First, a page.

As an introduction to New Jersey, he fulfilled many of the stereotypes I have held through too many evenings watching bad crime shows. His cab was stained from sweat and luggage, even the ceiling fabric was torn and filthy. While he drove not quite erratically, I was lulled into comfort only because of exhaustion. His english was second to a language my American ignorance couldn’t place. Only his eyebrows were visible to me, terribly unmanaged eyebrows that begged for notice, screamed for help as the hairs turned this way and that, reaching mostly downward in a slant that brought to mind harder times. I could only see his eyebrows in the rearview mirror, a device he seemingly ignore as he checked his phone for texts and directions and made calls to someone who was clearly debating the wrong side of an issue with him. He handled the cab like his eyebrows worked his face, jumping into other lanes and pushing his way up and over as he took me further from the airport. He didn’t speak to me, preferring those on his phone who knew his language and couldn’t see his hands even though he was jabbing and pointing as if they occupied the seat next to me. Welcome to New Jersey, his eyebrows told me. I sense your trepidation.
When not pointing and raising his hands to the heavens to underscore his position with his phone mate, he brought his hands to his mouth and chewed his nails. A cab driver this outwardly anxious was driving me to my first writing conference, a place I was certain with each passing mile I had no business being. His eyebrows knew I was nervous, his nails told me they understood I was in way too deep. Waiting for a sign, a signal that all was well with my soul, I could only see his hands with every nail chewed as far as possible and still he raised them to his mouth, hunting for a missed bit, considering there may have been some growth since the last stop light, a tiny edge he had to eradicate. My soul did not find comfort or reassurance in this cab.
During that anxious drive, I forgot all the signs and nudges and support that had brought me to this conference, I discarded them like the bits of fingernail my cabbie spat out onto his floor. I wanted something new with each moment to spur me on, a constant stream of encouragement to tell me this big thing was meant for me, that I was meant for it. In devaluing that foundation, I would never have enough signs, would never allow enough growth like the cabbies poor finger nails, if I looked to others for my affirmation. Would a chatty cab driver with a sparkling car really have meant I was worthy of this? Has it come down to that? Ridiculous when I step away but in the moments where anxiety likes to dwell, eyebrows that need a good plucking can mean too much and I forget to be kind to myself.
Stepping into new big territory is scary exciting and maybe worth chewing a nail or two. Removing the expectation that I do it all correctly and perform perfectly, remember everything that is said and make the best connections, all hyperbole is at the root of the anxiety. I am not the best or the perfect one, I am just here, checking out some seminars and talking to some people and seeing a beautiful campus. Practicing kindness to myself, a sentiment I now wish I had shared with my cabbie along with the tip I gave him. Surely that is more lasting than the money I offered, maybe not as immediately desired, advice from a stranger, who ever wants that? Still, be kind to ourselves, what wisdom rests there.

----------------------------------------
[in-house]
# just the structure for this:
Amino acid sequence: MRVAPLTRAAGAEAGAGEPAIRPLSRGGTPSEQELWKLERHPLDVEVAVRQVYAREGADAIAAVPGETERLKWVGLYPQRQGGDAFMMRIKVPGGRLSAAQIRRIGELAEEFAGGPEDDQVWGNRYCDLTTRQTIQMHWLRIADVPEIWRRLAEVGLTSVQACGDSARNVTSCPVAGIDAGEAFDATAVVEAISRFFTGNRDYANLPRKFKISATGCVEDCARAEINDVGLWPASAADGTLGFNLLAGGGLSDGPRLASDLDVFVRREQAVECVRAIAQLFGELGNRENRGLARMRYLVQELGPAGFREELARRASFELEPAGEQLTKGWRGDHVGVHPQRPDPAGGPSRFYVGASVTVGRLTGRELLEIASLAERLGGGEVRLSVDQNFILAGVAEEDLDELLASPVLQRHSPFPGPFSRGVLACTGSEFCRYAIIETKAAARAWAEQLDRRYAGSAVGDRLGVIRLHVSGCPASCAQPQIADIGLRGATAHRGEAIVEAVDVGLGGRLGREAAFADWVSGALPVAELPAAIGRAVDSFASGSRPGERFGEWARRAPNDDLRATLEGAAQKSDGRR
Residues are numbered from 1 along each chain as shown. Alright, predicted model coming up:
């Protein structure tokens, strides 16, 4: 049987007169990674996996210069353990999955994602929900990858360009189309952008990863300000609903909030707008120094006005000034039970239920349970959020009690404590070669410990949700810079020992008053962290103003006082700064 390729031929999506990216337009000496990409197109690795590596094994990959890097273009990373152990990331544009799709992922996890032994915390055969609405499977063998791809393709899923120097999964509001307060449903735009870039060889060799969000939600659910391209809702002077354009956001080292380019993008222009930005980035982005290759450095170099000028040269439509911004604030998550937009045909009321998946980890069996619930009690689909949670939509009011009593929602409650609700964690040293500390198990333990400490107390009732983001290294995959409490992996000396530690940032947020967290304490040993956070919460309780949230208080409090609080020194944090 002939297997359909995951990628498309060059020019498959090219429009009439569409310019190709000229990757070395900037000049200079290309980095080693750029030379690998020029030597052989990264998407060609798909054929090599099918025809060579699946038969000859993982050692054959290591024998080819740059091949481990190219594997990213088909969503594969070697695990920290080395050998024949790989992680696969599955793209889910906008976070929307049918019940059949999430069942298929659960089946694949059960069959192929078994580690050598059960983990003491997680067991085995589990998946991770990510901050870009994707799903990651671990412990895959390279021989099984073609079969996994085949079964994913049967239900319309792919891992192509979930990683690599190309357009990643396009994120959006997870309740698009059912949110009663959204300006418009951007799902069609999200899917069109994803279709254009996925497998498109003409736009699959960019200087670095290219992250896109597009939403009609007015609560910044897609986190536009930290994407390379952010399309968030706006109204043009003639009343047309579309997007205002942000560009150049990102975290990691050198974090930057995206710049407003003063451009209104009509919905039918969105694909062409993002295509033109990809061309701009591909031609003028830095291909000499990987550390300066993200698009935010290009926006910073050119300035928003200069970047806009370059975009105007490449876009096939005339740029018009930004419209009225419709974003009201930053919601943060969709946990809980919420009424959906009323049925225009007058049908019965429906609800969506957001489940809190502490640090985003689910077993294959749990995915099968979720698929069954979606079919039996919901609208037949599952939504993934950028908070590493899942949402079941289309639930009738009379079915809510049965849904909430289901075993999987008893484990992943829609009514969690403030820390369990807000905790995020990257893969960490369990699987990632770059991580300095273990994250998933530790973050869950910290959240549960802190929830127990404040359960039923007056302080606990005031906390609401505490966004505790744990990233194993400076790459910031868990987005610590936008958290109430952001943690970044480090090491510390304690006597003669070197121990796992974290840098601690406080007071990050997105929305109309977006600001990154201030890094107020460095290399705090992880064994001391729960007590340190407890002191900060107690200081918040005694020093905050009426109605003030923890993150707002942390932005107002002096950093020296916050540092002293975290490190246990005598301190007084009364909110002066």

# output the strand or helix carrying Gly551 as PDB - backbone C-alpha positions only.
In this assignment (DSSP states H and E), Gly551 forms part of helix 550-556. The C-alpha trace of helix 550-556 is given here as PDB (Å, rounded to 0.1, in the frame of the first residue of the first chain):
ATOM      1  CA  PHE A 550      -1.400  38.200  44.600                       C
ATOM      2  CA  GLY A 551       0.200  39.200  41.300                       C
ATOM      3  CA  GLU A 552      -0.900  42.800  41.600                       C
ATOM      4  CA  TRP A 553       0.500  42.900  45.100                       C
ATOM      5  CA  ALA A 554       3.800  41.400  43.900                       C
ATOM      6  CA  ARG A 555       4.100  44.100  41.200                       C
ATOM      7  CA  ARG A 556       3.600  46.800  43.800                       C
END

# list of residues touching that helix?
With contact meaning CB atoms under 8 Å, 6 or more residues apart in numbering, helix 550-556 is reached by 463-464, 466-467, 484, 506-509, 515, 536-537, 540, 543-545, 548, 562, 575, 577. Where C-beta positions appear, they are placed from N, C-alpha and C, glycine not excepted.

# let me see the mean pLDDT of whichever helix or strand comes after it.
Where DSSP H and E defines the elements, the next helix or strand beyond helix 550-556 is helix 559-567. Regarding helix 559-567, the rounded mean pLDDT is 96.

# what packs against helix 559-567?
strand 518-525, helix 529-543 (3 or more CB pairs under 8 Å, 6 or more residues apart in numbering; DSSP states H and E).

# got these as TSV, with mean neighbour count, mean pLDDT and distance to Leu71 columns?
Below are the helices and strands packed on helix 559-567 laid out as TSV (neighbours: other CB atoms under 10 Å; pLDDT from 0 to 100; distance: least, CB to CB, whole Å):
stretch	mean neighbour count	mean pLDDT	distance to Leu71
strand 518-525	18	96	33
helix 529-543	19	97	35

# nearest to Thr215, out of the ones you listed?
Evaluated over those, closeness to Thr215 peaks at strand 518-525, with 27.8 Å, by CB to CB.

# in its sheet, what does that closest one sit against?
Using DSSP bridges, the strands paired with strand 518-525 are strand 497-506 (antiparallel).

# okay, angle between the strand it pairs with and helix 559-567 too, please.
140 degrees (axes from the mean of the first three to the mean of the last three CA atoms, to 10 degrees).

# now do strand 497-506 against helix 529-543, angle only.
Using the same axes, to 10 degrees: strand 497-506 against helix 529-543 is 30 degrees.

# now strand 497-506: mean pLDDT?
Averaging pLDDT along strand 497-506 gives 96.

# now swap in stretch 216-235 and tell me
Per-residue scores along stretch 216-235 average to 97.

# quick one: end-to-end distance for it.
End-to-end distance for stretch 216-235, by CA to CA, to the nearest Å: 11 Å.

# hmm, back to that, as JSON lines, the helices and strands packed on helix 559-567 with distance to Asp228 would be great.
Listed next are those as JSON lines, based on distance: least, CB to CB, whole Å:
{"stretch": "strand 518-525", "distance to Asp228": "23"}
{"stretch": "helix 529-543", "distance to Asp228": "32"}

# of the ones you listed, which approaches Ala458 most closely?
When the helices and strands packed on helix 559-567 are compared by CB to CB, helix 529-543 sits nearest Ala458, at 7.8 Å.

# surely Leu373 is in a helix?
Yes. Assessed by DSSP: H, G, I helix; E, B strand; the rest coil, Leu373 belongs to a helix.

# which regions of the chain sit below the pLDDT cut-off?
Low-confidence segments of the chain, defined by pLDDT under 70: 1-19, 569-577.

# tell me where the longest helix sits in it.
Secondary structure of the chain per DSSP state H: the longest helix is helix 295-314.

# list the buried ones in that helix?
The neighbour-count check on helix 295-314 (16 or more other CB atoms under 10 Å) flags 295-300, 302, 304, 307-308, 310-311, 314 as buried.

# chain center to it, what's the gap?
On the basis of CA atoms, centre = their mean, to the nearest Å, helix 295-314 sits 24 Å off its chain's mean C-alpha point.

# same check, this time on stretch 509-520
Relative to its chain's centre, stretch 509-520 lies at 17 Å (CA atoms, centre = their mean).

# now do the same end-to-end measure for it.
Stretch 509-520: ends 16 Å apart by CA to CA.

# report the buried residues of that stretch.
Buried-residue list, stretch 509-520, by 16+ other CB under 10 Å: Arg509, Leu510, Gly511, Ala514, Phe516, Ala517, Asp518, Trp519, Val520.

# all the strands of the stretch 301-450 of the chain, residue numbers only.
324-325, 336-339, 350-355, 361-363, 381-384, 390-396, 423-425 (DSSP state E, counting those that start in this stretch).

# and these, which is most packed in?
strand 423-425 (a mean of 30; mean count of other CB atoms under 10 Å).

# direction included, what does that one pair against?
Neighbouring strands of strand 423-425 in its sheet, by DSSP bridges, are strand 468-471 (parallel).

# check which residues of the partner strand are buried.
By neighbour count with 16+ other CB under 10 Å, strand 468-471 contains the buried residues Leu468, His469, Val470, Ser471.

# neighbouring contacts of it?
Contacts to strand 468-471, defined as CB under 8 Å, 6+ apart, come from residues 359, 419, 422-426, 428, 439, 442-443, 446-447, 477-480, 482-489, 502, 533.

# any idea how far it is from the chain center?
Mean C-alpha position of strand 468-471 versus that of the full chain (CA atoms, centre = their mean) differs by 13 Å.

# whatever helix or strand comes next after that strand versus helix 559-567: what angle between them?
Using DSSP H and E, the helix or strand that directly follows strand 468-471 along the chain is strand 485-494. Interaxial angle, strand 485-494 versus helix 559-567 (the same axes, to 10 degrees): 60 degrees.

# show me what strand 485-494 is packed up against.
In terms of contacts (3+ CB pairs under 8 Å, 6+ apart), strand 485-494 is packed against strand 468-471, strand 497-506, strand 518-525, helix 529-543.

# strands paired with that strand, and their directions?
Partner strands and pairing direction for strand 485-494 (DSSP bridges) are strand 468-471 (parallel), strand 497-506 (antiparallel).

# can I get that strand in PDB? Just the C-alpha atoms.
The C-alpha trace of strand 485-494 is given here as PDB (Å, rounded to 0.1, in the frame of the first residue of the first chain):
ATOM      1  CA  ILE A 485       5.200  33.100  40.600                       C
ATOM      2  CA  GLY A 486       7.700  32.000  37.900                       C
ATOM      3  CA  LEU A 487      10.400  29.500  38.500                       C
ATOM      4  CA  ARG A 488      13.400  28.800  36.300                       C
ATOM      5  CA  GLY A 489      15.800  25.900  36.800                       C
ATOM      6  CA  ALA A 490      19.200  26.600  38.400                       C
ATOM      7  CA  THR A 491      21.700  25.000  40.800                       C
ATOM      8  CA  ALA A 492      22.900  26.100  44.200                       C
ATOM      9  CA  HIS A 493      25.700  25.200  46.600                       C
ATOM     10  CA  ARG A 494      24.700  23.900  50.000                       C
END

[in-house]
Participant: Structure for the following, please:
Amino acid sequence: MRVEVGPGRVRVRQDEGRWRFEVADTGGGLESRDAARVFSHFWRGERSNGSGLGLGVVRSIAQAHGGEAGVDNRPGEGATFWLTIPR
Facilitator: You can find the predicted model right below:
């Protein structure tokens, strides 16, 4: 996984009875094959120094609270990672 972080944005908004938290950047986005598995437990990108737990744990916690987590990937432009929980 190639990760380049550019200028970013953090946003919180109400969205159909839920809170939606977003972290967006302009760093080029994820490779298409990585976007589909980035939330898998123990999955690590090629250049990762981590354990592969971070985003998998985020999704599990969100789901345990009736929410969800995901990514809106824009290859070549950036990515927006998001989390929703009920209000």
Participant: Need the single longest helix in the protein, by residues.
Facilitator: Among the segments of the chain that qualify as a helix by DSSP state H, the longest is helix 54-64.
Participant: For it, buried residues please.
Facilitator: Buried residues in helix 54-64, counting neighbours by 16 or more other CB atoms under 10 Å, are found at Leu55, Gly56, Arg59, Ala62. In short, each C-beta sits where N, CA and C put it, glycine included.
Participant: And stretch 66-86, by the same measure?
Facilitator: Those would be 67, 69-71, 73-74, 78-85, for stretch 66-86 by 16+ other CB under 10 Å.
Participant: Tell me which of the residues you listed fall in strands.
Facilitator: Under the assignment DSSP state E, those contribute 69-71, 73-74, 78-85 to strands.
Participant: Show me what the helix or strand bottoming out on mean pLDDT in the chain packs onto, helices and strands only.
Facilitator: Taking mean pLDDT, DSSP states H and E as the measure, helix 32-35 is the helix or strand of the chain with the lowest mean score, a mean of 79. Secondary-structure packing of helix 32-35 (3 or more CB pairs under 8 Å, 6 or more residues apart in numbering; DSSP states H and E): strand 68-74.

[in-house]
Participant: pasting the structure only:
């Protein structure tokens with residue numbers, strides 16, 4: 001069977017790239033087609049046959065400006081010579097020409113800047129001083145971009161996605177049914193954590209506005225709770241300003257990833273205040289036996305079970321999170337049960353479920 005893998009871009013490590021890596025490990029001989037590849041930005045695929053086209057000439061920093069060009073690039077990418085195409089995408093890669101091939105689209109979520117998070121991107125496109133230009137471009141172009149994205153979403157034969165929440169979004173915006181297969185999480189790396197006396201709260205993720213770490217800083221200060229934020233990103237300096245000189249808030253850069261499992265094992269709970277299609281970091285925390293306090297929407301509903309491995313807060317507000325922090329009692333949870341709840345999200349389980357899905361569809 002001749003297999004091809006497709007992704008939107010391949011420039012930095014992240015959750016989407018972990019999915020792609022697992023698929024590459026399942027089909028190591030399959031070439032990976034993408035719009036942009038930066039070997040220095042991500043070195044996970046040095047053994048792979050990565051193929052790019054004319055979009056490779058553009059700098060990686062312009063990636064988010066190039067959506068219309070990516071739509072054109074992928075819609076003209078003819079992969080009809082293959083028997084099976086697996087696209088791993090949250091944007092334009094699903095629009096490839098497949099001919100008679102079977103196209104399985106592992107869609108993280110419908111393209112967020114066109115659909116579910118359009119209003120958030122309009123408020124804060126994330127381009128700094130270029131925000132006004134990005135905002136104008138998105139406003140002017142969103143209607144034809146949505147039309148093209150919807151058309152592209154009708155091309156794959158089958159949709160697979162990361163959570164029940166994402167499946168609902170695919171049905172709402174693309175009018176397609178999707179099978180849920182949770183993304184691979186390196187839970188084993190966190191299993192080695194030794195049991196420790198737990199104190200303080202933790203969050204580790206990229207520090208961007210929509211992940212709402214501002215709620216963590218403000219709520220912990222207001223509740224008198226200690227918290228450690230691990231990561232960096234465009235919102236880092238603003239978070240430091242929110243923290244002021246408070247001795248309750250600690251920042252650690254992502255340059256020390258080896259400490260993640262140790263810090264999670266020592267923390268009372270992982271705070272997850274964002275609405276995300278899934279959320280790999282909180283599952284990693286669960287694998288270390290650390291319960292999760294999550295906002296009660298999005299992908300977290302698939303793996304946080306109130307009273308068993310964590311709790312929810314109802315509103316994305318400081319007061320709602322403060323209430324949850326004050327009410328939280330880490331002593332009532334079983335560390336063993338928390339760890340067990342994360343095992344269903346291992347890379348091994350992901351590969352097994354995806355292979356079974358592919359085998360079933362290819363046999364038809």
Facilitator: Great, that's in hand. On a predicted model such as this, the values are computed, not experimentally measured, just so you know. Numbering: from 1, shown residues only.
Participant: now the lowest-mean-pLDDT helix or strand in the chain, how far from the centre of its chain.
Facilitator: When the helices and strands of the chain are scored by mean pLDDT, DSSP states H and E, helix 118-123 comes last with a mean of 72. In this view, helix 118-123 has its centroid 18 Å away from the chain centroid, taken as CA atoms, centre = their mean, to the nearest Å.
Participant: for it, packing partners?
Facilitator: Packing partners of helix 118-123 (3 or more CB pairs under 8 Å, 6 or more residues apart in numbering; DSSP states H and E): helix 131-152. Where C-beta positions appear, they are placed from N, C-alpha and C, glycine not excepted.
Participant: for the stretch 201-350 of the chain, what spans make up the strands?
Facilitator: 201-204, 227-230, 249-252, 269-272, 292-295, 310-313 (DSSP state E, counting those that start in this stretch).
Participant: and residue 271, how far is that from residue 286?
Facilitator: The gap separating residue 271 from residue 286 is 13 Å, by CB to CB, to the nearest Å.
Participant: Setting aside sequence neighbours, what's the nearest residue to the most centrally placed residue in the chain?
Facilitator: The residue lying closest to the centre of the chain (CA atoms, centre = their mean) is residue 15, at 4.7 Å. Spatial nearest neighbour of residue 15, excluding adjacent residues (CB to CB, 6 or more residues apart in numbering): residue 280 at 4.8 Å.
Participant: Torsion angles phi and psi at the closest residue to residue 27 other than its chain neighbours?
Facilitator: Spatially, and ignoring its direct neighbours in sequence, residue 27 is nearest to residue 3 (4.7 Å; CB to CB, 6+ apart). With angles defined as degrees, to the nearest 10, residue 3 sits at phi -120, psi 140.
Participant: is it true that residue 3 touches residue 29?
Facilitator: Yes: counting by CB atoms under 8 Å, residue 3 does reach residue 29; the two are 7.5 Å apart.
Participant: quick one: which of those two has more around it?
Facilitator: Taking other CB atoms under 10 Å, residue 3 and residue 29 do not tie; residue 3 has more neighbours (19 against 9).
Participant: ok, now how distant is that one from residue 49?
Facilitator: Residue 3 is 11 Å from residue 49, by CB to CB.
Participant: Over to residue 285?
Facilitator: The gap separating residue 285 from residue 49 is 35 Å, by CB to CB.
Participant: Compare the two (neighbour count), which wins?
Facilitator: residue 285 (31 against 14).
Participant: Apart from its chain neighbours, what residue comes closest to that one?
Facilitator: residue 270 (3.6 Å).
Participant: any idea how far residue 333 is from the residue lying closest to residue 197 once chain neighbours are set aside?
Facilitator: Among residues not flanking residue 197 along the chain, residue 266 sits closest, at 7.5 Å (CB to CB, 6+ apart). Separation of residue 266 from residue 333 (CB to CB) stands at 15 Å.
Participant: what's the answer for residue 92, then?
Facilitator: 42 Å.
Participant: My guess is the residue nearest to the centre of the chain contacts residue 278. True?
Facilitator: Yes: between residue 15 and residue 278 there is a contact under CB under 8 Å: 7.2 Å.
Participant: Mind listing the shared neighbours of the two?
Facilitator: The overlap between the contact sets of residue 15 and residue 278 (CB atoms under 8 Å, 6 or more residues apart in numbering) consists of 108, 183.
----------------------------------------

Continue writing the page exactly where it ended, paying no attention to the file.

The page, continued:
I have found many opportunities to practice self kindness and forgiveness as well, staying in a dorm on this magnificent campus. When I went away to college it was as a sophomore and I went straight into an apartment. Always envious of that dorm experience, all those girls building friendships and learning how to pee with someone right next to you, I finally now have my chance, if only for a week. I have learned to wake up without coffee immediately, to keep the key out to lock my door every time I exit, and to ask my neighbor for toothpaste because in dorms you do not leave you tube lying about. I have learned to forgive myself every time I have to dry my hands with toilet paper because I have yet again forgotten to take my towel into the bathroom with me, I am learning to be kind about how comfortable I have grown without even realizing all of my luxuries. These small discomforts and disruptions remind me that I know nothing of actual suffering these days, or at least my suffering is minimal and internal and I can reach for tissues to dry my tears and fix another cup of coffee or pour a glass of wine as I choose. That is a very different suffering than most of the world. I understand the message the Spirit is sharing with me this week, anxiety and worry and the need for perfection, all these are emotions of choice for me. Kindness is also a choice, one I share with others but not as often with myself. My friend often tells be to be gentle with myself. Wisdom.
I listened to others stand bravely at the mic and read some of their soul out loud for strangers last night. They were met with kindness and no red pens to edit or scratch, no laughs erupted unless the material was intended to be humorous. Next time, I will sign up for an open mic slot, I will tell the next cabbie that I am going to a writing conference, I will tell him I am reading my stuff and I will remind us both to be kind to ourselves. And I will bring a spare tube of toothpaste. What an amazing week, a gift of finding and owning my gifts.